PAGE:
We develop a self-consistent field theory for salt-doped diblock copolymers, such as polyethylene oxide (PEO)–polystyrene with added lithium salts. We account for the inhomogeneous distribution of Li+ ions bound to the ion-dissolving block, the preferential solvation energy of anions in the different block domains, the translational entropy of anions, the ion-pair equilibrium between polymer-bound Li+ and anion, and changes in the χ parameter due to the bound ions. We show that the preferential solvation energy of anions provides a large driving force for microphase separation. Our theory is able to explain many features observed in experiments, particularly the systematic dependence in the effective χ-parameter on the radius of the anions, the observed linear dependence in the effective χ on salt concentration, and increase in the domain spacing of the lamellar phase due to the addition of lithium salts. We also examine the relationship between two definitions of the effective χ parameter, one based on the domain spacing of the ordered phase and the other based on the structure factor in the disordered phase. We argue that the latter is a more fundamental measure of the effective interaction between the two blocks. We show that the ion distribution and the electrostatic potential profile depend strongly on the dielectric contrast between the two blocks and on the ability of the Li+ to redistribute along the backbone of the ion-dissolving block.https://authors.library.caltech.eduhttps://authors.library.caltech.edu/records/zrxdv-gny04Density-functional theory for polymer-carbon dioxide mixtures: A perturbed-chain SAFT approach
https://resolver.caltech.edu/CaltechAUTHORS:20121115-103218482
Authors: {'items': [{'id': 'Xu-Xiaofei', 'name': {'family': 'Xu', 'given': 'Xiaofei'}}, {'id': 'Cristancho-D-E', 'name': {'family': 'Cristancho', 'given': 'Diego E.'}}, {'id': 'Costeux-S', 'name': {'family': 'Costeux', 'given': 'Stéphane'}}, {'id': 'Wang-Zhen-Gang', 'name': {'family': 'Wang', 'given': 'Zhen-Gang'}, 'orcid': '0000-0002-3361-6114'}]}
Year: 2012
DOI: 10.1063/1.4742346
We propose a density-functional theory (DFT) describing inhomogeneous polymer-carbon dioxide mixtures based on a perturbed-chain statistical associating fluid theory equation of state (PC-SAFT EOS). The weight density functions from fundamental measure theory are used to extend the bulk excess Helmholtz free energy to the inhomogeneous case. The additional long-range dispersion contributions are included using a mean-field approach. We apply our DFT to the interfacial properties of polystyrene-CO_2 and poly(methyl methacrylate) CO_2 systems. Calculated values for both solubility and interfacial tension are in good agreement with experimental data. In comparison with our earlier DFT based on the Peng-Robinson-SAFT EOS, the current DFT produces quantitatively superior agreement with experimental data and is free of the unphysical behavior at high pressures (>35 MPa) in the earlier theory.https://authors.library.caltech.eduhttps://authors.library.caltech.edu/records/zrs22-5mf72Theory of Polymers in Poor Solvent: Phase Equilibrium and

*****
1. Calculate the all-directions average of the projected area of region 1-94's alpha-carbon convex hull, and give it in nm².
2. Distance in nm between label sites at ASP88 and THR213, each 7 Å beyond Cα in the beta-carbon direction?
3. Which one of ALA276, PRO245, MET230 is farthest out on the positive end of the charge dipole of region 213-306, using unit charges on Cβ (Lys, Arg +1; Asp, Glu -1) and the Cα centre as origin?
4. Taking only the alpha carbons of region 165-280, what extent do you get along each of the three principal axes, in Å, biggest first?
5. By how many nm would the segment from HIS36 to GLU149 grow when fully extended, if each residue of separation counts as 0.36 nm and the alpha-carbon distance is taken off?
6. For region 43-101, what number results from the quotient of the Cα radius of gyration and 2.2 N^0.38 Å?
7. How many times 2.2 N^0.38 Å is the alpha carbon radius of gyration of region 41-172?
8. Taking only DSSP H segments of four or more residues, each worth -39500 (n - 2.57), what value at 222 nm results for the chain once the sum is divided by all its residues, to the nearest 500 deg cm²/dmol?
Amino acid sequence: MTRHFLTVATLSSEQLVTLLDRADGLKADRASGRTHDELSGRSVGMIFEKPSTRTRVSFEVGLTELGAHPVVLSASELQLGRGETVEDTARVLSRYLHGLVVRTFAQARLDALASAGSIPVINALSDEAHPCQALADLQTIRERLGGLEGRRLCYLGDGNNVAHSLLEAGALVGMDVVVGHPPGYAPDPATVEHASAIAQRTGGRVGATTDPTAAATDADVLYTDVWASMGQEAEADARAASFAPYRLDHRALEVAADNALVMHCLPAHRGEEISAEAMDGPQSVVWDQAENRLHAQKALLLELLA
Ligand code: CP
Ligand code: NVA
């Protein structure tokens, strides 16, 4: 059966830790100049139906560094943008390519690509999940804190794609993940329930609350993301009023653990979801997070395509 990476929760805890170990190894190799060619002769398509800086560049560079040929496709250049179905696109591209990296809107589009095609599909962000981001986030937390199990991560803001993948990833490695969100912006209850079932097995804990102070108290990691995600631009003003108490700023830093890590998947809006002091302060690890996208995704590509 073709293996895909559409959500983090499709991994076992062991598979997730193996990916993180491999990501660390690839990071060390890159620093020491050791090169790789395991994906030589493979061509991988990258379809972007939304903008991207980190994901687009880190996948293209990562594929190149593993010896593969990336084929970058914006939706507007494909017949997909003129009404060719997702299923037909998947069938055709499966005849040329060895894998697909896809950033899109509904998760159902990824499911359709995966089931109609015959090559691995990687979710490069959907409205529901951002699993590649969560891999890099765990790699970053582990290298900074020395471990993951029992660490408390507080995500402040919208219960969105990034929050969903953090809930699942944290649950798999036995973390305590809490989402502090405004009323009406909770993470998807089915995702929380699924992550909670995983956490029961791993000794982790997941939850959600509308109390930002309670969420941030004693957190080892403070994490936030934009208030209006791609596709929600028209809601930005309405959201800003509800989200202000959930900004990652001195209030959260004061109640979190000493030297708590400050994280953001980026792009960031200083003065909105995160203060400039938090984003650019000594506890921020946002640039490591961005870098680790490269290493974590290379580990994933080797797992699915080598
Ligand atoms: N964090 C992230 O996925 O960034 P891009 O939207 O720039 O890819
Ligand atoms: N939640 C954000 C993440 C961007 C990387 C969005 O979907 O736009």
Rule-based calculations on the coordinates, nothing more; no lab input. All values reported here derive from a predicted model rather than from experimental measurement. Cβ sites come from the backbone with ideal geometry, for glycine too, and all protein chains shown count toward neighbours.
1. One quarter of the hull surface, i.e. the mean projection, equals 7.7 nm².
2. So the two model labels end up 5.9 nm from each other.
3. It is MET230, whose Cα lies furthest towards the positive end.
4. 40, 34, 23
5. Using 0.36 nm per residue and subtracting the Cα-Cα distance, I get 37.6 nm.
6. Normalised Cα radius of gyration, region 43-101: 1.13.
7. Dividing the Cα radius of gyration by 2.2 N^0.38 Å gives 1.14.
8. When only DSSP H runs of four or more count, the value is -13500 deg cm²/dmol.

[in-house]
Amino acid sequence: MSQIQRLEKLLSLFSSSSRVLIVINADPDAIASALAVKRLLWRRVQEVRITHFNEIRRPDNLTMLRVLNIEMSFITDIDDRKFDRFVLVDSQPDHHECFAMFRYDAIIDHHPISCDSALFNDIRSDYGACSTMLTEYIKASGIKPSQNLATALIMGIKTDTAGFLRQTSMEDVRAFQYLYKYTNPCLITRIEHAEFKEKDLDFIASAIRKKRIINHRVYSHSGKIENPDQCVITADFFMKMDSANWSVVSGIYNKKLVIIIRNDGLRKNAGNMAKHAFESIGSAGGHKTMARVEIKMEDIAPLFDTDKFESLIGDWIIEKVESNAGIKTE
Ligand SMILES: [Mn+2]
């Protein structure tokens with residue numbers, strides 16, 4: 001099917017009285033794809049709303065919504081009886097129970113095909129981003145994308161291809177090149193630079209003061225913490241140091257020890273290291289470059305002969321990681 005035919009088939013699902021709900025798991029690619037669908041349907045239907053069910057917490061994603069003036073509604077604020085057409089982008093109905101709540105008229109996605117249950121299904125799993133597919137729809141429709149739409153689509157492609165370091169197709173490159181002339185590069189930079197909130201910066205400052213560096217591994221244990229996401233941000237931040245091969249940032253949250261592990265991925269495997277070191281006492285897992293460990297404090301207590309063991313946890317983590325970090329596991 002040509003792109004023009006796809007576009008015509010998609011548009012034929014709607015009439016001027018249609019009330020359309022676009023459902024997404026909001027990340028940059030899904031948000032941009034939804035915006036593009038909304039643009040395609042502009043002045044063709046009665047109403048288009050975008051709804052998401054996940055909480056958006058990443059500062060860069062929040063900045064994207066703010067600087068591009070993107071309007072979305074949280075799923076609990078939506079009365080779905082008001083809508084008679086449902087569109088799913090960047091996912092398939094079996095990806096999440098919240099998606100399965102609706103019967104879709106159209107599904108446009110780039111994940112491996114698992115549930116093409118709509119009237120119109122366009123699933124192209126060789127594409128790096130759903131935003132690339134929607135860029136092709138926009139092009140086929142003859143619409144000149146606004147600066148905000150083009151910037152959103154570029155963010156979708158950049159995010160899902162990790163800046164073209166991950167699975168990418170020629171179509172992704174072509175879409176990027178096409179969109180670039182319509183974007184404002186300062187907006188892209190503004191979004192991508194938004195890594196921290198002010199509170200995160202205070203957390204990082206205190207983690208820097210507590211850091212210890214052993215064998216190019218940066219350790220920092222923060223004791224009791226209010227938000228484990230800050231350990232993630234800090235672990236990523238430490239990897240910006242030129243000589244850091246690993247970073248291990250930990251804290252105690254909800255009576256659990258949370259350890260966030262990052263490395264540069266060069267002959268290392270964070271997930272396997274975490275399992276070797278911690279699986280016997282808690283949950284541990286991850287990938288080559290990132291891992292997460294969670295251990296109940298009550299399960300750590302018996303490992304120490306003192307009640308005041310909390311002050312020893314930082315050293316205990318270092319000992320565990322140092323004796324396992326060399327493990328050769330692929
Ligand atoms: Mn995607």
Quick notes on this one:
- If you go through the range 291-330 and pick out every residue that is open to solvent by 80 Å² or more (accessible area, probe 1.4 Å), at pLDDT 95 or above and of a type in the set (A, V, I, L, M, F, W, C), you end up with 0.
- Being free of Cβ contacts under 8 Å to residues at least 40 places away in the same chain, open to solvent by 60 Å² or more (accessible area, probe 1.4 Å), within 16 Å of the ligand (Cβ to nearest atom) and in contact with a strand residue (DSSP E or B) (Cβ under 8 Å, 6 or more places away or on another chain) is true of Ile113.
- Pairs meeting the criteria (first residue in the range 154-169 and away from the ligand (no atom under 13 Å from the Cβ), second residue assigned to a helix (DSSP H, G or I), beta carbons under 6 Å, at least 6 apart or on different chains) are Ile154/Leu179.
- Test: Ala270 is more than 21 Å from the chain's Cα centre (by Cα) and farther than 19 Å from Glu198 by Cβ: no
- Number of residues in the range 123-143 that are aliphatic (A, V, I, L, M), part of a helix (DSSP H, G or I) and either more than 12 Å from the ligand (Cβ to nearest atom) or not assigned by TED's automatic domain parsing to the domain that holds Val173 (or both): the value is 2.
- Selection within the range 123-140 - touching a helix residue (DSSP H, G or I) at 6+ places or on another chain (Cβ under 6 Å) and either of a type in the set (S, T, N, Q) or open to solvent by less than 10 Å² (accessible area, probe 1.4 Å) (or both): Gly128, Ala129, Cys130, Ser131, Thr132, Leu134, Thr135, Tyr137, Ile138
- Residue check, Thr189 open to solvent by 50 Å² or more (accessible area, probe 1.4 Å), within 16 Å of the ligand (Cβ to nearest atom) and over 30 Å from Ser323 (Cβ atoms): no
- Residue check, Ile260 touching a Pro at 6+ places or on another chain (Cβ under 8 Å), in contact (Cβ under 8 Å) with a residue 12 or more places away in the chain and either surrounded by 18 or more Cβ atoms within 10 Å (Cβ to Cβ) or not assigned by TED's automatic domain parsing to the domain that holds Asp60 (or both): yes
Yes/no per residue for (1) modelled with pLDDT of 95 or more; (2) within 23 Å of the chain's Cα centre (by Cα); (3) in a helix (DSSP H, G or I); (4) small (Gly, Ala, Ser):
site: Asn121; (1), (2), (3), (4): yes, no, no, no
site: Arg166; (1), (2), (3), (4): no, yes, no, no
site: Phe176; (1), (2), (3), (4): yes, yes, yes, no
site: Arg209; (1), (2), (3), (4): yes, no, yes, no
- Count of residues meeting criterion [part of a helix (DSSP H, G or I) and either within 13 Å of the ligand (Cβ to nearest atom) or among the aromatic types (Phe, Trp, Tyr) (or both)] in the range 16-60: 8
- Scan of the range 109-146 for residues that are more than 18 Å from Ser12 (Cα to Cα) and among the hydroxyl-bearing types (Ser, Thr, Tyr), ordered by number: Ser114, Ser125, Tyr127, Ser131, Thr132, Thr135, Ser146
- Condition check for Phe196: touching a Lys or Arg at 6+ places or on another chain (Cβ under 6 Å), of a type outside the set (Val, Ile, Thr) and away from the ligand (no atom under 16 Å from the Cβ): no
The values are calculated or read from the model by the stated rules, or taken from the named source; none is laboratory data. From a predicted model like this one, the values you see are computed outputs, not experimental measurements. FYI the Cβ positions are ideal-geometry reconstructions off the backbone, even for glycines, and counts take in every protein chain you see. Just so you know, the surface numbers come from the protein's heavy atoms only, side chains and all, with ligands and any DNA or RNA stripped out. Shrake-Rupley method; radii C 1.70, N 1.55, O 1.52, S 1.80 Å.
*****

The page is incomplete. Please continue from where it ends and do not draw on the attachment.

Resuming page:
Nucleation Behavior
https://resolver.caltech.edu/CaltechAUTHORS:20120926-114840182
Authors: {'items': [{'id': 'Wang-Rui', 'name': {'family': 'Wang', 'given': 'Rui'}}, {'id': 'Wang-Zhen-Gang', 'name': {'family': 'Wang', 'given': 'Zhen-Gang'}, 'orcid': '0000-0002-3361-6114'}]}
Year: 2012
DOI: 10.1021/ma301049m
We study the phase equilibrium and nucleation behavior of polymers in poor solvent by accounting for the large, localized fluctuations in the form of single-chain globules and multichain clusters. The density profile and free energy of the single-chain globule and multichain clusters are obtained by self-consistent-field theory. This information is then used in the dilute solution thermodynamics to investigate the equilibrium cluster size distribution, solubility limit, and nucleation in the supersaturated state. Our results show that the solubility of the polymer in the dilute side of the solution is enhanced by several orders of magnitude relative to the prediction of the Flory–Huggins (F–H) theory, which scales with the chain length to the 2/3 power rather than a linear power as predicted from the F–H theory. Our results also suggest a higher critical value of χ, consistent with computer simulation and experiment results. In the supersaturated state, we work out an effective spinodal where the nucleation barrier to phase separation via growth of the clusters becomes comparable to the thermal energy k_(B)T. For a given supersaturation, we find that the nucleation barrier is quadratic in the chain length, suggesting a much slower precipitation rate for longer polymer chains.https://authors.library.caltech.eduhttps://authors.library.caltech.edu/records/k1pqr-9bz03Anomalous Concentration Effects on Phase Behavior and Nematic
Order in Mixtures of Side-Chain Liquid Crystal Polymers and Low-Molecular-Weight Liquid Crystals
https://resolver.caltech.edu/CaltechAUTHORS:20120925-105542854